Blue Cross RI moving customer service operations to East Providence

Blue Cross & Blue Shield of Rhode Island's headquarters in Providence.

PROVIDENCE, R.I. (WPRI) – Rhode Island’s largest health insurer is moving its customer service operations from downtown Providence to East Providence.

Jill Flaxington, a spokesperson for Blue Cross & Blue Shield of Rhode Island, confirmed Wednesday the move from the company’s headquarters on 500 Exchange St. to 50 Jordan St. in East Providence is planned for late 2017 or early 2018.

Flaxington said less than 15% of the company’s workforce will make the move, but said she did not know how many people Blue Cross currently employs. The company’s website says it has more than 800 employees in Rhode Island.

The move was first reported by the website GoLocalProv.

Blue Cross received a generous tax-stabilization agreement from the city to open its downtown high-rise headquarters, which was completed in 2009. In the current fiscal year, the company is scheduled to pay the city $1.6 million on a building assessed at $48.9 million, according to city tax records. Its tax payments are scheduled to increase gradually to $2.2 million by the 2023-24 fiscal year, the final year of the deal.

The company’s tax break has come under scrutiny in recent years, particularly from former Mayor Joe Paolino, a major property owner in the capital. In a lawsuit against the city and Blue Cross in 2015, Paolino argued that the tax break created a “substantial competitive disadvantage” for other commercial property owners. A judge dismissed the suit.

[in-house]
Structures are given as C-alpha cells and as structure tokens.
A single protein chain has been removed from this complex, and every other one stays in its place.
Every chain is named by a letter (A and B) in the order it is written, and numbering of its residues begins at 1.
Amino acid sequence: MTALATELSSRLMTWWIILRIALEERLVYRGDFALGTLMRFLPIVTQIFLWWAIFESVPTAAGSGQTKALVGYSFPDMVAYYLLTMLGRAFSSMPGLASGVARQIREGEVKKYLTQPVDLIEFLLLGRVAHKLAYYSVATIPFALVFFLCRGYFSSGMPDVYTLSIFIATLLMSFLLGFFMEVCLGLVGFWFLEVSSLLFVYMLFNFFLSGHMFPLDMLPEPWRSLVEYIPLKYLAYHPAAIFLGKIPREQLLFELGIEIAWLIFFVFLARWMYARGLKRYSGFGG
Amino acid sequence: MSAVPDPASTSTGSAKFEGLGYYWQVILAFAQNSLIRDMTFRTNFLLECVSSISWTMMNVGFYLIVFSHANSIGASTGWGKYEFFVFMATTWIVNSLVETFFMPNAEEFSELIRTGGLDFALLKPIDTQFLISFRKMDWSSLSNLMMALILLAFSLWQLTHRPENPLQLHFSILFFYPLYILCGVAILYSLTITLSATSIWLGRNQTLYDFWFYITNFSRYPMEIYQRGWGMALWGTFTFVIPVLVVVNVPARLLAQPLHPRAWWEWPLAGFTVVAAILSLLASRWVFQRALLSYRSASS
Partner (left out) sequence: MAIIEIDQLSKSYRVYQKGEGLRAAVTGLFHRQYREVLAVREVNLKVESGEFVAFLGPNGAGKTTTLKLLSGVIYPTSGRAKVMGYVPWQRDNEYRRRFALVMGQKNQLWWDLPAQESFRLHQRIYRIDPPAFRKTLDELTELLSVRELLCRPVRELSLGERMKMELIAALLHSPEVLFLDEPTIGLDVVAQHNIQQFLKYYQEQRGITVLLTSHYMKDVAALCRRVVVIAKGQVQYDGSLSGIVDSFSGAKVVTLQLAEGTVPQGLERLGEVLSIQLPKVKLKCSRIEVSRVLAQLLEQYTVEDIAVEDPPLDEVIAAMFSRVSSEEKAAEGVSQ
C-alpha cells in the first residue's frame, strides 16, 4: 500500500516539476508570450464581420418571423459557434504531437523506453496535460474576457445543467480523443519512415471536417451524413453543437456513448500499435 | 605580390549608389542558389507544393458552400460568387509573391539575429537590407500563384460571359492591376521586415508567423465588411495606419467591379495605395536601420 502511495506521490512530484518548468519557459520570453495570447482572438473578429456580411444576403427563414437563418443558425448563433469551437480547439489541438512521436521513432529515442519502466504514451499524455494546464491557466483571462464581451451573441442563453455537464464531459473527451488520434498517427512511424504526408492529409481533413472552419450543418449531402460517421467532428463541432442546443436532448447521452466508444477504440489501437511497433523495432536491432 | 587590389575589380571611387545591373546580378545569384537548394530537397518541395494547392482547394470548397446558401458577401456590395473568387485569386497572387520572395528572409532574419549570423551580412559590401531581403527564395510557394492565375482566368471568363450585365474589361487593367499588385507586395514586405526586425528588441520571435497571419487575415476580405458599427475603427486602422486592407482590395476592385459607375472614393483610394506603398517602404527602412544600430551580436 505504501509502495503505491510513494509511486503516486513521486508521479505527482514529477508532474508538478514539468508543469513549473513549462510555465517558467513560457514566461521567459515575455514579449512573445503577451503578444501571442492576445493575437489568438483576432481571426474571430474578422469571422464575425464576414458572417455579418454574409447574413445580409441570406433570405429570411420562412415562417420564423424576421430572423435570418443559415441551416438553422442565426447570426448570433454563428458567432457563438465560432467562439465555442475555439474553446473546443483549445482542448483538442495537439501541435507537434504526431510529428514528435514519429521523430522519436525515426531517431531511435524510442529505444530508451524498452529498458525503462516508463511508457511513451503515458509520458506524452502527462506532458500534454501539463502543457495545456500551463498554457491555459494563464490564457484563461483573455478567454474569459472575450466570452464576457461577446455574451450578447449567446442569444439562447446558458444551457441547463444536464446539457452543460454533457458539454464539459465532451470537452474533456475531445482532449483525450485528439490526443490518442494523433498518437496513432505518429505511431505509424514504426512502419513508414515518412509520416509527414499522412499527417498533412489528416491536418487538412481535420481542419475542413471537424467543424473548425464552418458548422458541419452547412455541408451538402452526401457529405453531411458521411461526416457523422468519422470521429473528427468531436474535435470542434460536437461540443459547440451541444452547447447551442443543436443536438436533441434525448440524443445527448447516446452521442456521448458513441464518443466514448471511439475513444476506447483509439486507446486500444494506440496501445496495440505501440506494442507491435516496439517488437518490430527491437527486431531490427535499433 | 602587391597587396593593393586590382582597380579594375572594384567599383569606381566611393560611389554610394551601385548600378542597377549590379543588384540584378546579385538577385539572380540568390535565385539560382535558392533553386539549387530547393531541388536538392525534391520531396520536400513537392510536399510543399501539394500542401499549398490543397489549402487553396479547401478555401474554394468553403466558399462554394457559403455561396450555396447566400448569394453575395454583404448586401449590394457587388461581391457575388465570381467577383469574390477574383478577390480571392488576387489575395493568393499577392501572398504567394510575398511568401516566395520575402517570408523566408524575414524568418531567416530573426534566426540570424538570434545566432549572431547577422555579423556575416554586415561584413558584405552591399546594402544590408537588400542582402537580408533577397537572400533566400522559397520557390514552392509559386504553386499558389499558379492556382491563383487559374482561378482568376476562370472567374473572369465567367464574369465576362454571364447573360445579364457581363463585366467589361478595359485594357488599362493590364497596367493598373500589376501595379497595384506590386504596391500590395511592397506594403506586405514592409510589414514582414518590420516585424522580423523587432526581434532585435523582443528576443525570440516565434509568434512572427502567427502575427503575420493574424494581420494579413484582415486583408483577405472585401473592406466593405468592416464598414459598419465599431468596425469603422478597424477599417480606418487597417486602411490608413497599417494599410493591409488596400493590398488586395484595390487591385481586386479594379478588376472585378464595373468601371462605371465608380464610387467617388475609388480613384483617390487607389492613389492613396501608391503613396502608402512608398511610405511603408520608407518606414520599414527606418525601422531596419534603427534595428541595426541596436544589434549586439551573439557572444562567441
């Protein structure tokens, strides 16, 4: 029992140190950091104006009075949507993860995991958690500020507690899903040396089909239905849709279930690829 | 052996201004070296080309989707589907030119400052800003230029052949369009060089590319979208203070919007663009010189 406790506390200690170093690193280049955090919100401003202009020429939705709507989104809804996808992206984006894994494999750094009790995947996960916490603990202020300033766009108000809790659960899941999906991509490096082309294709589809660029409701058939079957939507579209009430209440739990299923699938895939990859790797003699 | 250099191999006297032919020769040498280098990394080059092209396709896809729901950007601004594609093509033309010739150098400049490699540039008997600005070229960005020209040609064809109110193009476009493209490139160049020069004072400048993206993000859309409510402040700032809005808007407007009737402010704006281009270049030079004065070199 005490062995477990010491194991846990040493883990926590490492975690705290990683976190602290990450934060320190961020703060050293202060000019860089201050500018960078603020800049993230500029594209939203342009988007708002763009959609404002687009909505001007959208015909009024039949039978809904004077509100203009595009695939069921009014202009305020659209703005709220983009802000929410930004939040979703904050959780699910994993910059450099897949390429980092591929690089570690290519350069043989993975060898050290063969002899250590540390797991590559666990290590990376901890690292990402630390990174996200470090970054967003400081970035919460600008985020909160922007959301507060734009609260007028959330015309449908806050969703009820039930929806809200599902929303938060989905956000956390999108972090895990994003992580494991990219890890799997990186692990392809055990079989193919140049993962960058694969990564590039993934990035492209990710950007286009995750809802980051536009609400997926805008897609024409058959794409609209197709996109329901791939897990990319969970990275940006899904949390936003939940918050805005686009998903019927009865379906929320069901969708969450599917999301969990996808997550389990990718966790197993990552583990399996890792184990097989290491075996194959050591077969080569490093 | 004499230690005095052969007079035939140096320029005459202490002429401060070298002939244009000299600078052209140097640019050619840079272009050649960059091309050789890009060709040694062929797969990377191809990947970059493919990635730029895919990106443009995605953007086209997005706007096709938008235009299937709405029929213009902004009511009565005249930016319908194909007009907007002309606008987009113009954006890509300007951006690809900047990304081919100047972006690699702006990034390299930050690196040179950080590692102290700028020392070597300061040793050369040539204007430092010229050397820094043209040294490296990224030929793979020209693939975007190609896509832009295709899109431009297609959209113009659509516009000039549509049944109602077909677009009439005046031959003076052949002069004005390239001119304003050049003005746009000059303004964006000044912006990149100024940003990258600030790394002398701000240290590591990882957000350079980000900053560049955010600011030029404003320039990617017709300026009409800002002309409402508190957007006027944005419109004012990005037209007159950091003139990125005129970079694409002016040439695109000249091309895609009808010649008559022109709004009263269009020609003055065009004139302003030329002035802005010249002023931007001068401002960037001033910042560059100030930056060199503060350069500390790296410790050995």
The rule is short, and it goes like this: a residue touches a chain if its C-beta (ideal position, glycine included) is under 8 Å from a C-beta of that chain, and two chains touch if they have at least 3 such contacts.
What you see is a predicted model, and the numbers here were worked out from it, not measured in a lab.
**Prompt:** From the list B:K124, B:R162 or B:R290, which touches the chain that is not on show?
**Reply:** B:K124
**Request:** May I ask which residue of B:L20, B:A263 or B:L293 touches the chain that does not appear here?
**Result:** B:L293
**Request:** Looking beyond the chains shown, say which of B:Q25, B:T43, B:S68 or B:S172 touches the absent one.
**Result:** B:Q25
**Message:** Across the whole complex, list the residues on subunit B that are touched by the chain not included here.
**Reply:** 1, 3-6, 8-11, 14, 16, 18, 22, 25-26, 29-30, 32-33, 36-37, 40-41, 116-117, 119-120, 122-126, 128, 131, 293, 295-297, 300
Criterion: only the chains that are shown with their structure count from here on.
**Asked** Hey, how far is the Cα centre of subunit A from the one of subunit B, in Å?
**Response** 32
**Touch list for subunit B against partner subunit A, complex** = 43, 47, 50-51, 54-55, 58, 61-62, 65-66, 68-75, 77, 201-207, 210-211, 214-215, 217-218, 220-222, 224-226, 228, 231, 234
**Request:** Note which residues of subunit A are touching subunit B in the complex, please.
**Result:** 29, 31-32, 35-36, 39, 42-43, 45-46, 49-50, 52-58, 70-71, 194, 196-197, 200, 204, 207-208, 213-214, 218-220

Flaxington said nothing in the tax deal requires a certain number of jobs remain in Providence.

In a statement Wednesday, City Council President Luis Aponte said he was “extremely disappointed” about the insurer’s decision to move jobs out of the capital and said he will seek a meeting with executives there to discuss the matter.

“The city did not enter into this sort of a generous TSA only to have Blue Cross slowly but surely become a glorified landlord,” Aponte said. “It would appear as though they have broached the spirit of the agreement, if not the actual legality of it, and this is deserving of the council’s immediate attention.”

Eyewitness News reported last month that Blue Cross lost $35 million in 2016 as its members increased their use of medical services more than expected. It was the company’s third annual loss in the last five years.

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Dan McGowan ( dmcgowan@wpri.com ) covers politics, education and the city of Providence for WPRI.com. Follow him on Facebook and Twitter: @danmcgowan